We are getting into the lean weeks of the regular deer season, when most every tag is earned, usually with the help of at least one hunter.
The lack of snow has made for easier walking, but puts the deer at the advantage for low visibility. Al Forbes, of Cassadaga, took a nice trophy-sized buck back on Nov. 3, in the Town of Charlotte. Forbes hastened three large bucks over the course of two days and finally was able to put his climber tree stand in position for a successful shot.
Forbes commented that he was under the gun when he took his deer at 10 a.m. that day, as Fredonia High School was playing at Ralph Wilson Stadium against Cleveland Hill, in the Section 6 Class C final, so he had to pick up the pace dragging out his prize.
OBSERVER Photo by Gene Pauszek
Cassadaga resident Al Forbes with a 170-pound, 9-point bow buck he shot Nov. 3.
I checked with Forbes this weekend to see how his family was doing during the shotgun portion, and learned that things have been on the slow side during shotgun season. Last year was slow for Forbes, but his son harvested a nice buck while hunting without his dad.
I have been trying to find out more information on the local bear harvest for this year. One lady stopped me on Saturday and reported a relative of hers had shot a video of a large black bear that traveled under his tree stand in Zoar Valley. The hunter just opted not to shoot the bruin.
In the December issue of 'Grass Roots', a publication from the NYS Conservation Council Inc., there was a refreshing story from Executive Program Director Bob Brown entitled, "Harvesting My First Buck."
Brown, according to the story, was 18 years-old at the time and traveled to the western southern tier for his opportunity to tag a buck. Brown's trip down memory lane included the hospitality of his relatives, the experience of eating homemade meals and sleeping under a goose down quilt for the first time. The hunt was relived, including the circumstances, which lead up to his friend Bruce tagging a buck while on post, and later Brown tagging his buck while putting on a drive. The venison is long gone, but the stories, especially if properly told, will go on indefinitely. Do you have a story you would like to share? Call 366-1772, 467-2079 or 366-3000, ext. 5, after 5 p.m.
My friend, Zen Olow, showed me a photo of a bird he had spied running around in his Fredonia backyard. The bird was slightly longer than a pheasant and had a long trailing tail that was white and speckled with black flecks. The body of the bird was also black and white. It made no attempt to fly and has not been seen since last week. Olow suspects it might be an escaped exotic.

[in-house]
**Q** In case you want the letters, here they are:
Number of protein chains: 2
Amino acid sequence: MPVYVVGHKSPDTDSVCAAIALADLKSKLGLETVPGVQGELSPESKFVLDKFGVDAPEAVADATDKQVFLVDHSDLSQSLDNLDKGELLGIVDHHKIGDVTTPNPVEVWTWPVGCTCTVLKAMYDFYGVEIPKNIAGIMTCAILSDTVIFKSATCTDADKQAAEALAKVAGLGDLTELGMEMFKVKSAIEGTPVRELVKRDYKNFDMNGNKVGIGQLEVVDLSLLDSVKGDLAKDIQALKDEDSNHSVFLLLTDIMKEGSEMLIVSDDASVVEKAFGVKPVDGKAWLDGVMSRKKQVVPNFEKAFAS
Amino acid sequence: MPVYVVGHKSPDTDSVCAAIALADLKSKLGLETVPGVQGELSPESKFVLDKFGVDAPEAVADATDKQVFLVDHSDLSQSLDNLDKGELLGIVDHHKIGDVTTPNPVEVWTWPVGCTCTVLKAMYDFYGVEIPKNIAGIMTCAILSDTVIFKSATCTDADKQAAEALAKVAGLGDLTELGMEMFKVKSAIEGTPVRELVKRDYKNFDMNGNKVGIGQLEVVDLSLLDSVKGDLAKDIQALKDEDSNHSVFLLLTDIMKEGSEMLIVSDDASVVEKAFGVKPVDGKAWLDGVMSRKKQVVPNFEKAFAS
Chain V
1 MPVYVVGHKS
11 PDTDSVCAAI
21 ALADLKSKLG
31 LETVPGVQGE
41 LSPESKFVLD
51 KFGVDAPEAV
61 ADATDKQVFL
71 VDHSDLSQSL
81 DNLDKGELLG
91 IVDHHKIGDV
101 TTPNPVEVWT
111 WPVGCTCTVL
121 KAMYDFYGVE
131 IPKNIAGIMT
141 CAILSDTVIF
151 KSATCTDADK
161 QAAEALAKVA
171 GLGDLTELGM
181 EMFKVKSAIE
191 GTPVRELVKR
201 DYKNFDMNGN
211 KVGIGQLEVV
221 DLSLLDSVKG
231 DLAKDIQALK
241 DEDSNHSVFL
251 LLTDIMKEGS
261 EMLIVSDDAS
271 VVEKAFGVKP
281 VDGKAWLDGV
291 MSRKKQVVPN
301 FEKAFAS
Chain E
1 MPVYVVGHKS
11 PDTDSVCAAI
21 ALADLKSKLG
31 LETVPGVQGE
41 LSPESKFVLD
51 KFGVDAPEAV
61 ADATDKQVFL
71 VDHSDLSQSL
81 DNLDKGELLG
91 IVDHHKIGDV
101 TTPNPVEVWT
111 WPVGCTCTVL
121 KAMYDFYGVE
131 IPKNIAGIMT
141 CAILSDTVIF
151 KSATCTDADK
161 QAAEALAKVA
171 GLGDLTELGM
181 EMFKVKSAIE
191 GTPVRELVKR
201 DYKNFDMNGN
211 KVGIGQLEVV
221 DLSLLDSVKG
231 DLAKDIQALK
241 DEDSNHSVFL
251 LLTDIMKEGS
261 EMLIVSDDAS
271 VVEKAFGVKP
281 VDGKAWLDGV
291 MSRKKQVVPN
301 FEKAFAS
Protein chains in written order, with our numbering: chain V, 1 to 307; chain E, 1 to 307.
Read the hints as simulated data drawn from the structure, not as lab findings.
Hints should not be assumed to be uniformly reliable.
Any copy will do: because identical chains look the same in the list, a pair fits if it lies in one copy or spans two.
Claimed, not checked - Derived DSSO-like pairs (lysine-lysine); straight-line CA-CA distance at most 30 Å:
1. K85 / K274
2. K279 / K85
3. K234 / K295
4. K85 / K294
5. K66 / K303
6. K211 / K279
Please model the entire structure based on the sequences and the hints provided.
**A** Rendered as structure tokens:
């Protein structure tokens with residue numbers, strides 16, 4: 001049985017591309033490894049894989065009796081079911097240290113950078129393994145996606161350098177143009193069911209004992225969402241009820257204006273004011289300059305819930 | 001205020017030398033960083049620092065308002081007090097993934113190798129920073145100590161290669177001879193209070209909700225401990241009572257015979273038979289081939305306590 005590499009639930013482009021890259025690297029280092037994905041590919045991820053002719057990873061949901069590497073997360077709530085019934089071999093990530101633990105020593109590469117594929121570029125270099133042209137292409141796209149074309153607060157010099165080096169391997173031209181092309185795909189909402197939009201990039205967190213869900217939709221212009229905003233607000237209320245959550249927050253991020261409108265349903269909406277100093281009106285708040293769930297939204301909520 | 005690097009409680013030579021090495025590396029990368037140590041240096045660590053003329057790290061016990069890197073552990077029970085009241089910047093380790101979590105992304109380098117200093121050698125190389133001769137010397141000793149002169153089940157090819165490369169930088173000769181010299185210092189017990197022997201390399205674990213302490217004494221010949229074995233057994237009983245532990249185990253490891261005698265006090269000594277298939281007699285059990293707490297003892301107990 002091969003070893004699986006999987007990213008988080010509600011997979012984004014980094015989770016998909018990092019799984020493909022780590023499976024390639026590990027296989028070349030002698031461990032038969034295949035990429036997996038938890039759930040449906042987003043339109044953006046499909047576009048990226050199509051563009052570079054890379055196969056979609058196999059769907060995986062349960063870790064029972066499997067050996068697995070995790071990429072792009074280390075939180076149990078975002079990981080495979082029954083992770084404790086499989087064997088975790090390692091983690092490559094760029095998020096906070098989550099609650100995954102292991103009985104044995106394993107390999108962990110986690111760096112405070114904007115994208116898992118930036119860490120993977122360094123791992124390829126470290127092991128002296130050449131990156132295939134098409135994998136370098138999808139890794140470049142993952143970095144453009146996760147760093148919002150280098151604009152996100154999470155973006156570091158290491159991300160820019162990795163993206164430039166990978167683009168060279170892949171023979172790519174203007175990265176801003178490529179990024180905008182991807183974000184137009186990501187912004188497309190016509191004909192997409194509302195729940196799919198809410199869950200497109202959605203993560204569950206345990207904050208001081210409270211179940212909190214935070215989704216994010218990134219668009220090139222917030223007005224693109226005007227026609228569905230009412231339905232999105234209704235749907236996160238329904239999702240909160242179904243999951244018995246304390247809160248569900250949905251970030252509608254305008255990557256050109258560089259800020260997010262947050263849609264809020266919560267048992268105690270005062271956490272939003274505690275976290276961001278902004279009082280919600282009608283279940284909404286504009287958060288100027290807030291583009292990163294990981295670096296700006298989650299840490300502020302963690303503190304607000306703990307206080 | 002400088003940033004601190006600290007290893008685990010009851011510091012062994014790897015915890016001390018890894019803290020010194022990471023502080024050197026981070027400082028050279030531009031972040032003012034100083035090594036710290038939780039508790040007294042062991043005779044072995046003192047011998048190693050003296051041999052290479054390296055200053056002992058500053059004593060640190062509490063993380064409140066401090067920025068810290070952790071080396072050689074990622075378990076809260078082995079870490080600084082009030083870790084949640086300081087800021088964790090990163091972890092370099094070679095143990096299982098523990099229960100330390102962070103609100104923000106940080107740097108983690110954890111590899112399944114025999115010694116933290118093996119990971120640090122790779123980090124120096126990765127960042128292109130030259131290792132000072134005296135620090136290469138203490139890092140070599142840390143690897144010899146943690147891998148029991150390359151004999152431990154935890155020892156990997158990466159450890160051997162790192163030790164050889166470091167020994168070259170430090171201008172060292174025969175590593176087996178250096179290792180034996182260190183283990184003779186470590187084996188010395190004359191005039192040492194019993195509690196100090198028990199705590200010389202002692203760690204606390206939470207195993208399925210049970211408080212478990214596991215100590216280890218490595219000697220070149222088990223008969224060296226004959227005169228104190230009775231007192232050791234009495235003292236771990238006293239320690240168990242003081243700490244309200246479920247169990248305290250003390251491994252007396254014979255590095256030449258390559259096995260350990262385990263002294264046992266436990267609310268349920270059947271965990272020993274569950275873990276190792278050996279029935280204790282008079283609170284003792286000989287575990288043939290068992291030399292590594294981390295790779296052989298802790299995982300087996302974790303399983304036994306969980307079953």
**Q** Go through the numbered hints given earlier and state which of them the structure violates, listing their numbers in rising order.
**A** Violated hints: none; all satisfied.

Virginia, according to a recent report, has joined with New York State in banning the transportation of deer bagged in Pennsylvania into their state because of the detection of chronic wasting disease in the northern state. The prohibition involves the transportation of whole carcasses of deer killed in Pa. Only portions of the dressed animal are allowed, which includes boned meat that is cut and wrapped, quarters or other portions of meat with no part of the spinal column or head attached and antlers with no meat or tissue attached.
The local chapter of the National Wild Turkey Federation, the Lakeshore Longbeards, will host its next meeting on Dec. 18, at 7 p.m., at Liberty Vineyards, located on Route 20, in Sheridan. Topic of discussion will include the upcoming membership banquet to be held on Feb. 9, 2013, at the Kosciuszko Club, in Dunkirk.
Also on the agenda will be scholarship submissions. All local high school seniors are invited to participate. For more information, find the National Wild Turkey Federation online, and look for scholarship information.
The SAREP Youth Fly Fishing Program will continue its 14th season of free fly tying and fly fishing classes on Monday evenings from 7-8:30 p.m., at the Fredonia Middle School Cafeteria. Field trips will occur shortly afterwards. Classes are free and are open to children and community members. Children under the age of 12 must be accompanied by an adult. The classes will continue to meet every Monday until early summer.
The Northern Chautauqua Conservation Club also will host free fly tying instruction compliments of Willie Fedrick, Jeffrey Rasmus, Ken Hollander and Monte Kennedy on Monday evenings starting at 6 p.m. All are welcome. This would be a great opportunity for young boy or girl scouts to earn merit badges for learning how to tie flies and learn about fishing.
The Northern Chautauqua Conservation Club will resume its annual Hunters Helping the Hungry program. On Tuesdays, Con Club members are urged to bring a non-perishable food item with them. All donations will be distributed to the needy in the community through the efforts of the Saint Elizabeth Ann Seton Catholic Youth Organization during the Christmas season.
Fly tying classes have resumed on Monday evenings from 6-8 p.m., at the Sinclairville Free Library. Classes will continue until May. All tools and materials are provided free. For more information, call 962-3635 or 485-3919 or log on www.countrykidsonthefly.blogspot.com.
Gene Pauszek is an OBSERVER outdoors columnist. Send comments to firstname.lastname@example.org.